Luzin was a member of the Moscow Mathematical Society, of the Moscow Society of Explorers of Nature, and of the Cracow Academy of Sciences; an honorary member of the Calcutta Mathematical Society and of the Belgian Mathematical Society; and was elected vice-president of the International Mathematical Congress held at Bologna in 1928. In 1927 Luzin was elected a corresponding member of the Soviet Academy of Sciences, and in 1929 he became an academician.

After 1930 Luzin devoted less time to teaching and worked mainly at the Soviet Academy of Sciences: the Mathematical Institute (1929-1936; 1941-1950) and the Institute of Automatics and Telemechanics (1936-1950).

Luzin’s mathematical creativity relates mostly to the theory of functions of a real variable in its two branches, metric and descriptive. Insofar as the first is concerned, Luzin’s thesis (Moscow, 1915) is paramount, since it contains important results on the structure of measurable sets and functions, on primitive functions, on convergence of trigonometric series, and on representability of functions by trigonometric series. Cited in the thesis are examples of power series with coefficients tending to zero and nevertheless diverging everywhere on the boundary of the circle of convergence (1912), as well as a trigonometric series with coefficients tending to zero that nevertheless diverges almost everywhere (1912). These examples stimulated many later investigations. Luzin later showed that every measurable function can, in a certain sense, be represented as a trigonometric series that may be summable almost everywhere to that function by the methods of Poisson and Riemann.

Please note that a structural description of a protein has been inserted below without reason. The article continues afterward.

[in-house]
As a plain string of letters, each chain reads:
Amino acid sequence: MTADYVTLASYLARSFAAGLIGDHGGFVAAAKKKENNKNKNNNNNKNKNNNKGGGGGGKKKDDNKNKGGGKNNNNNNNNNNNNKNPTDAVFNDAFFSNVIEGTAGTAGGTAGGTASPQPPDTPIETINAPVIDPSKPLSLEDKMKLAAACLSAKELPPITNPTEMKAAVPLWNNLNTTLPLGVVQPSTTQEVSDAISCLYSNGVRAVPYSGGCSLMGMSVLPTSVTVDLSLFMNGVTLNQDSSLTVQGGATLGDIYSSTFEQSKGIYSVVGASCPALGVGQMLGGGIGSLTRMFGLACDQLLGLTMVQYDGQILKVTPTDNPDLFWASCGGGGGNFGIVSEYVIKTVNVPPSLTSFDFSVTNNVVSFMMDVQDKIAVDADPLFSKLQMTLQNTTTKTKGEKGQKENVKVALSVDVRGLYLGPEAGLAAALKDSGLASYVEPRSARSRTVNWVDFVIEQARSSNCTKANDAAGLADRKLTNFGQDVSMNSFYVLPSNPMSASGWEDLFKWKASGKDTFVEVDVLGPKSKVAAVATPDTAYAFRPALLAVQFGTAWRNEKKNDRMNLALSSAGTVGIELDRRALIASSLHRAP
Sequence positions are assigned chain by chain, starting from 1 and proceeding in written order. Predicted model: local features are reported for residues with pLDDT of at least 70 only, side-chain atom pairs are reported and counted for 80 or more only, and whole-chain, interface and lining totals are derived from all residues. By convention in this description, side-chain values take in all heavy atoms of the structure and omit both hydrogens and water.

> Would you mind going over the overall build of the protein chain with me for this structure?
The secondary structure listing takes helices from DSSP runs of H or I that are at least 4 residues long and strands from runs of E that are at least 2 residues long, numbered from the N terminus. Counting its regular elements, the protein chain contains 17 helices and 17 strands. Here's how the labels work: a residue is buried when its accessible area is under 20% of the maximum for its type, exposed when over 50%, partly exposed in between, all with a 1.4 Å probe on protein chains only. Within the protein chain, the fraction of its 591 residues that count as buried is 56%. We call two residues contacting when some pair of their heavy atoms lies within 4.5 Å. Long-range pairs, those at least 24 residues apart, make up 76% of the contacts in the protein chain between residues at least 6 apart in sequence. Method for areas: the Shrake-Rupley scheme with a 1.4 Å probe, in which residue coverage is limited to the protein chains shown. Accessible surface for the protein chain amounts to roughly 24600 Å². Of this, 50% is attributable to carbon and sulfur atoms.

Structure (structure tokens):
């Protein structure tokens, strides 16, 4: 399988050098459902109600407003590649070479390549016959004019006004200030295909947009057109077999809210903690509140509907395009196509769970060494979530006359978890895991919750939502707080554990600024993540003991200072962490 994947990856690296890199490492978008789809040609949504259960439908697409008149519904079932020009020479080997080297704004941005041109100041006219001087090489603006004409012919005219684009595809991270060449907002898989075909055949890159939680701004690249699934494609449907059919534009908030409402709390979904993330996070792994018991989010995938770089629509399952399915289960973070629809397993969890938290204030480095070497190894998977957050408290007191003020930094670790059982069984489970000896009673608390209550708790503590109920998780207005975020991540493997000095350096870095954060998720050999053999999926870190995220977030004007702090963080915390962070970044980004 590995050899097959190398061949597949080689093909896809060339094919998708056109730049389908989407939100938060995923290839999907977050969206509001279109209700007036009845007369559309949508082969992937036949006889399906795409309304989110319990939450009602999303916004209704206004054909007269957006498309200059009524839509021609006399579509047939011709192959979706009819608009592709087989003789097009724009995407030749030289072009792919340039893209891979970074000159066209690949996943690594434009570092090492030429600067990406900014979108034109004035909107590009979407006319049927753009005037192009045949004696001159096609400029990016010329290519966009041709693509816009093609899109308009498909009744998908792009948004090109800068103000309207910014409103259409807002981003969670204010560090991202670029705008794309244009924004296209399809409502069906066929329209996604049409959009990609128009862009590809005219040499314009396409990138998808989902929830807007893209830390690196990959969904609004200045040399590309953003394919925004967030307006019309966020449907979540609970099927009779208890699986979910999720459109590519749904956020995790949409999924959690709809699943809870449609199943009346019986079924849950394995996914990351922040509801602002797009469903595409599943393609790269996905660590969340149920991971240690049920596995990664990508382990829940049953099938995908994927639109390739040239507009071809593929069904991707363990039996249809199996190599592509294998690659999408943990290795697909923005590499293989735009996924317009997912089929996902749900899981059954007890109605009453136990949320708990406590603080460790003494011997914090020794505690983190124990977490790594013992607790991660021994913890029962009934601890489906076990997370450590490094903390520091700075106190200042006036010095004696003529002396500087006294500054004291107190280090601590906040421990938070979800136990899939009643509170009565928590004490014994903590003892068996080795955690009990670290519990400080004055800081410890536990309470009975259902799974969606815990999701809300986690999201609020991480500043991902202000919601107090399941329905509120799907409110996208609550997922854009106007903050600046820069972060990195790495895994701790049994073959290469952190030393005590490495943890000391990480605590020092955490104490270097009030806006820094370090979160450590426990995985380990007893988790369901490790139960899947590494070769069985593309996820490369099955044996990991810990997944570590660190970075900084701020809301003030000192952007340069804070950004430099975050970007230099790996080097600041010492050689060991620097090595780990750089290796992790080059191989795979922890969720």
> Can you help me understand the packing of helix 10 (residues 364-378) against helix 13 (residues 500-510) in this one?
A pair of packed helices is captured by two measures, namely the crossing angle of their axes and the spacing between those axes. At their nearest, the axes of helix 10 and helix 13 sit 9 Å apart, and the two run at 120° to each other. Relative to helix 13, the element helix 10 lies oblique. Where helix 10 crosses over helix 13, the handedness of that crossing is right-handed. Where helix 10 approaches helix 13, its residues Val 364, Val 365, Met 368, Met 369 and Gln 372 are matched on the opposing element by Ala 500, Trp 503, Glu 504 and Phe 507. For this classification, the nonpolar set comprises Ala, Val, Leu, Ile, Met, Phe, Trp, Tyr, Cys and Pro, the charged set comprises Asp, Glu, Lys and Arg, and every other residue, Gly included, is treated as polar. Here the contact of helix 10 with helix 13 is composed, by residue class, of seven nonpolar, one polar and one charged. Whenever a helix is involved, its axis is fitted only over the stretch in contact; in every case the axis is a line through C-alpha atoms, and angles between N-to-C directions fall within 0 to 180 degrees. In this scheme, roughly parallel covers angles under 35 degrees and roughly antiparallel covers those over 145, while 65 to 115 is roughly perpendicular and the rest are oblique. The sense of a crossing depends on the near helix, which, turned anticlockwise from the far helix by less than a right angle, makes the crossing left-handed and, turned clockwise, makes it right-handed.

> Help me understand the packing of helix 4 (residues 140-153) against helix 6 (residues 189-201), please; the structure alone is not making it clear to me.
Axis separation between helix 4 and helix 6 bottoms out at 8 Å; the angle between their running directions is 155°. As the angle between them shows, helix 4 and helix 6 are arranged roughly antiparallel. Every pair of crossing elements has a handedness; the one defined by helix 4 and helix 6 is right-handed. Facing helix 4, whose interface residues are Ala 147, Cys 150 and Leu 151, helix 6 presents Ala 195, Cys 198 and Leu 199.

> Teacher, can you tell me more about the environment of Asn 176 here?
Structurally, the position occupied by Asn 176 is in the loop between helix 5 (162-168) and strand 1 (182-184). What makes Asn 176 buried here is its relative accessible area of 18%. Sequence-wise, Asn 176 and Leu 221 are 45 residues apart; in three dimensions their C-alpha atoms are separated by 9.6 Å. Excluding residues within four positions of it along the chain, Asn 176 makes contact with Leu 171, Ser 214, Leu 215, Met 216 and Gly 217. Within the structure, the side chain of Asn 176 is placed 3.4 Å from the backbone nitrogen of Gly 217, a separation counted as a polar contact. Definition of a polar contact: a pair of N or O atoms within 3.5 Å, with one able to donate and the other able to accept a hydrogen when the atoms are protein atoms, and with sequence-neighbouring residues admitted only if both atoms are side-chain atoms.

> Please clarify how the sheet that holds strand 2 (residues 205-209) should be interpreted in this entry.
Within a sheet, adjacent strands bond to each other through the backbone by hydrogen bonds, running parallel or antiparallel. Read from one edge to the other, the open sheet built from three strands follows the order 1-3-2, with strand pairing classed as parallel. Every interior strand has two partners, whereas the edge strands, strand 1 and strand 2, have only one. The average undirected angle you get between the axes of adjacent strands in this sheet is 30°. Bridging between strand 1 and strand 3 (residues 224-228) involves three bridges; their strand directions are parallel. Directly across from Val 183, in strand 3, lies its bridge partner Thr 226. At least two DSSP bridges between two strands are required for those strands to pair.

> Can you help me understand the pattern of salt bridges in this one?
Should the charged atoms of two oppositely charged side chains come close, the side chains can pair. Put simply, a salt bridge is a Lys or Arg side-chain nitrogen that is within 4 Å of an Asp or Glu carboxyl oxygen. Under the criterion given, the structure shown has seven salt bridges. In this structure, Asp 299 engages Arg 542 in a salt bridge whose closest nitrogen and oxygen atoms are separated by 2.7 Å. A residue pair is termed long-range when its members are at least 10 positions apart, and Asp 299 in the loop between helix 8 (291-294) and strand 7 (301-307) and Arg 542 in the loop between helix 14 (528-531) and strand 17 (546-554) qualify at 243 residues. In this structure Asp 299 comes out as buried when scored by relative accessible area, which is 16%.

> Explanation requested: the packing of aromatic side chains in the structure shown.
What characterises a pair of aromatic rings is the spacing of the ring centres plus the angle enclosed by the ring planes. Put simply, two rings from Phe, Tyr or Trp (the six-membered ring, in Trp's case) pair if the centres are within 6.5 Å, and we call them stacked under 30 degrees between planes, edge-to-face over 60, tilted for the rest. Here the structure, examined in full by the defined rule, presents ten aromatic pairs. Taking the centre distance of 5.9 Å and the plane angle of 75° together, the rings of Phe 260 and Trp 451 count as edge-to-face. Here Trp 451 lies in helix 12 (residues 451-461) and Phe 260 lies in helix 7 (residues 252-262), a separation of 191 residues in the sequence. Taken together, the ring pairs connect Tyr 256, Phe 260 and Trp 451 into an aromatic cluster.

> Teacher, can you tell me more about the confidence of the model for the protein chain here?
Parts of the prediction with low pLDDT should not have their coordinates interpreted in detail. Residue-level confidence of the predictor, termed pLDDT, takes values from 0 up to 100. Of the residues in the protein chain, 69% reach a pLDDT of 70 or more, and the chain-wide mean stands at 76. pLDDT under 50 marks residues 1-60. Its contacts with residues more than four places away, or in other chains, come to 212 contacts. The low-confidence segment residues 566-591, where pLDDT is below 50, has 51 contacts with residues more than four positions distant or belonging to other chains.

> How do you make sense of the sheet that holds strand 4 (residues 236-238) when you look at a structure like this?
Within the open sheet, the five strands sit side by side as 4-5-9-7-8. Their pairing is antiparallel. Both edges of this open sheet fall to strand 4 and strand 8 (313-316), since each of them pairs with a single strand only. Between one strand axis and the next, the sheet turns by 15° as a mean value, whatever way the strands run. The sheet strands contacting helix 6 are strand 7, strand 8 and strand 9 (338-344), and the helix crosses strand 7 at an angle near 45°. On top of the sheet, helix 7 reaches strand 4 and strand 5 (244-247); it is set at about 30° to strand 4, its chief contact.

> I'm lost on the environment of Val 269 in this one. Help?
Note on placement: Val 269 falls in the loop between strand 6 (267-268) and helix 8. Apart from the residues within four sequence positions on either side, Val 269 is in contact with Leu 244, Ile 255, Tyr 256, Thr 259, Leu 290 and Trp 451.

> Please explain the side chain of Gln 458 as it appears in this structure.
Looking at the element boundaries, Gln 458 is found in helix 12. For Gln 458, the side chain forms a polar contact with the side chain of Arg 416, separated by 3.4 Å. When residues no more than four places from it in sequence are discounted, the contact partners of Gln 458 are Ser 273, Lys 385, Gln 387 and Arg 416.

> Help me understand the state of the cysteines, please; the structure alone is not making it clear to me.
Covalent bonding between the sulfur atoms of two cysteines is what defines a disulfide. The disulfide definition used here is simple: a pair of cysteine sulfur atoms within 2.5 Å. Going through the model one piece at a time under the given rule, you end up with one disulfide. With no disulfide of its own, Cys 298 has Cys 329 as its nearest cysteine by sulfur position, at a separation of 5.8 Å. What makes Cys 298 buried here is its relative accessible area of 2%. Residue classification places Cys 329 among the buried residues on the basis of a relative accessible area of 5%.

Another important result obtained by Luzin on absolute convergence resides in the fact that when a trigonometric series converges absolutely at two points, the distance between which is incommensurable with respect toπ this series converges absolutely over an everywhere dense set and therefore will either converge everywhere or diverge everywhere.